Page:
Digital Imaging is still a relatively new medium and has endured much criticism along the way, much more is still to come. But I feel it’s inevitable that it will become a dominant medium for artist in the future. Knowing what the future possibilities are means that you will be at the forefront of the new wave of ideas. Who would of believed the Internet would of grown the way it has today, reaching millions of people all around the world.
Each person having his or her own beliefs, inspirations, and uses for the Internet. The Internet has only come around because of technological developments that have meant that computers are much more affordable these days. In the following pages I will try to explain these changes and developments, everything is feeding off it surroundings so we can’t help but to be influenced by them.
Many areas of culture are yet ready to accept digital imaging as either an art form or merely just to believe what it shows as being real. This was discussed in the book ‘the photographic image in digital culture’, it talks about how are preconceptions can cause people not to trust a digital image. Over the years painting was considered the best way of representing an object or person, but the images produced often relied on the artists interpretation of events or on the pier pressure for the image to have a certain look
. Then photography joined in to the argument, it was considered by most as a accurate way of recoding our surroundings and accurate in its way to record images, well this a false belief as photography can be altered as much any other image. It’s dependant of the views of the photographer in the way of ‘Do I photograph this or does my morals restrict me from doing such a thing’, a photographer can decide to only shoot photographs of the good times and not photograph the bad times. This would give a positive image to what they are photographing, but it may not show to true story. This is often relevant with war photography, where one side of the war will take different images compared to the other side.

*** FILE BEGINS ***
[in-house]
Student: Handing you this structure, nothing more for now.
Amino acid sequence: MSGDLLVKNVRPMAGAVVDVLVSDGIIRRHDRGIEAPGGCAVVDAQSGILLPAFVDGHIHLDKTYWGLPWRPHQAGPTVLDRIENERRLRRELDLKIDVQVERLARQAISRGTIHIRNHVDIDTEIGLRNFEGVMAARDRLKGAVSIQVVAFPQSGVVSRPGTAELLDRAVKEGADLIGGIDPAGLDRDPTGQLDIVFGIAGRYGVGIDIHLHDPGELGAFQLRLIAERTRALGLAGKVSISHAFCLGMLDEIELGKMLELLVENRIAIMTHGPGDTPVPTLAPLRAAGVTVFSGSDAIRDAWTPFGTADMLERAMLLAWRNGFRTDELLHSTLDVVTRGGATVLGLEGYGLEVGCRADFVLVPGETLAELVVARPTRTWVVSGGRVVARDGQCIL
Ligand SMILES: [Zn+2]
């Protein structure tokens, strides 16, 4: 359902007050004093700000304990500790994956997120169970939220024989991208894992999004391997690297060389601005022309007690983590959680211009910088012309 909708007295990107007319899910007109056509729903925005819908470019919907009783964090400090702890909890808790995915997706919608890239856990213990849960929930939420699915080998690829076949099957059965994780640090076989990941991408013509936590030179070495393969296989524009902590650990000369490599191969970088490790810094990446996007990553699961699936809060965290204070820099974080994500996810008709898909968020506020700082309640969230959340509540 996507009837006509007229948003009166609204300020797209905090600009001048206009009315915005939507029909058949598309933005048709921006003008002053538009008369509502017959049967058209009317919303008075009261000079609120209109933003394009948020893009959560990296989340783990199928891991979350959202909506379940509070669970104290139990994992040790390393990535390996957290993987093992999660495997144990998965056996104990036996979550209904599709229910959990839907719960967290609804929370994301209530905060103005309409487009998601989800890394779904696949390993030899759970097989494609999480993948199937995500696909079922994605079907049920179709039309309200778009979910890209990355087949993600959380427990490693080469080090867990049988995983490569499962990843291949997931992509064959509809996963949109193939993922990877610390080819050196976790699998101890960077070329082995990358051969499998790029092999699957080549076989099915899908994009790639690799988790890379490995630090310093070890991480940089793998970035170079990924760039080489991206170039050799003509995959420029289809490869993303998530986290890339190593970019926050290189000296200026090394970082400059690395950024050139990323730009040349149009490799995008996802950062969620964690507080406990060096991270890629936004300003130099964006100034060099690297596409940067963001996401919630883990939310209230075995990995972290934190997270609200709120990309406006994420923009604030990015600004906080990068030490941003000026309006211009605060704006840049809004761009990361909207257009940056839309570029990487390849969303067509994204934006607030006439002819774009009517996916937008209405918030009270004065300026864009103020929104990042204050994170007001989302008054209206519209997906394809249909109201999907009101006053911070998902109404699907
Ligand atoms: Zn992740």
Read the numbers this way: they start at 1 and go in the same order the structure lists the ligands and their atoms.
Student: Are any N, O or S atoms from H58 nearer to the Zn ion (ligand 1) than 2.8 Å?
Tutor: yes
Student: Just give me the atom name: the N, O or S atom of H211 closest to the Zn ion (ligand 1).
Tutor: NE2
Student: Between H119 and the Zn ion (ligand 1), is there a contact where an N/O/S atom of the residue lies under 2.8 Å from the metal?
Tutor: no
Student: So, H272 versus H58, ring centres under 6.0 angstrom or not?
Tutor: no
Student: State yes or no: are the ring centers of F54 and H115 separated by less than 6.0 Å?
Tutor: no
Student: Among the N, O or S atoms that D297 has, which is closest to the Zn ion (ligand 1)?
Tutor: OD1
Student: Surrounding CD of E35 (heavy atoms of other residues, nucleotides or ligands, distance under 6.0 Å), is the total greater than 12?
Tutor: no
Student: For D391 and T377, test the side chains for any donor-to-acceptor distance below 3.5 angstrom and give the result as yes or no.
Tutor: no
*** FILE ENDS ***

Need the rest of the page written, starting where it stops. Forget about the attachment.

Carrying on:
Another way that photography can be altered is in the darkroom by altering the photographic image by using multiple exposures from different negatives, this method has been used for many years and one of the famous ones was a image altered during the cold war in Russia where Stalin’s photographs were altered to take away certain people that had defected from the organisation. Digital images scare a lot of people, as they are well aware of how easy it is to alter a image using new technology, in a recent image in the Evening Standard there was an out cry on one of the images they used from BBC television of people celebrating in the streets after the war in Iraq, a website by the name of ‘The Memory Hole' pointed out many inconstancies of the image “The red circles show a man in a turban who appears three times.
The purple circles highlight an unknown object that appears four times (it’s smudged in its rightmost incarnation). The darker blue circles show two instances of an identical white object, disembodied arm, and partial male faces. The yellow ovals show a partial male face and another one or two objects that appear as a group thrice. Similarly, the orange ovals highlight some sort of conglomeration that was duplicated. The two lighter blue circles are around an indistinct blob that appears on top of itself, while the bright green circles show yet another man who appears twice in the scene.” The coloured circles are referring to the parts they highlighted showing the mistakes.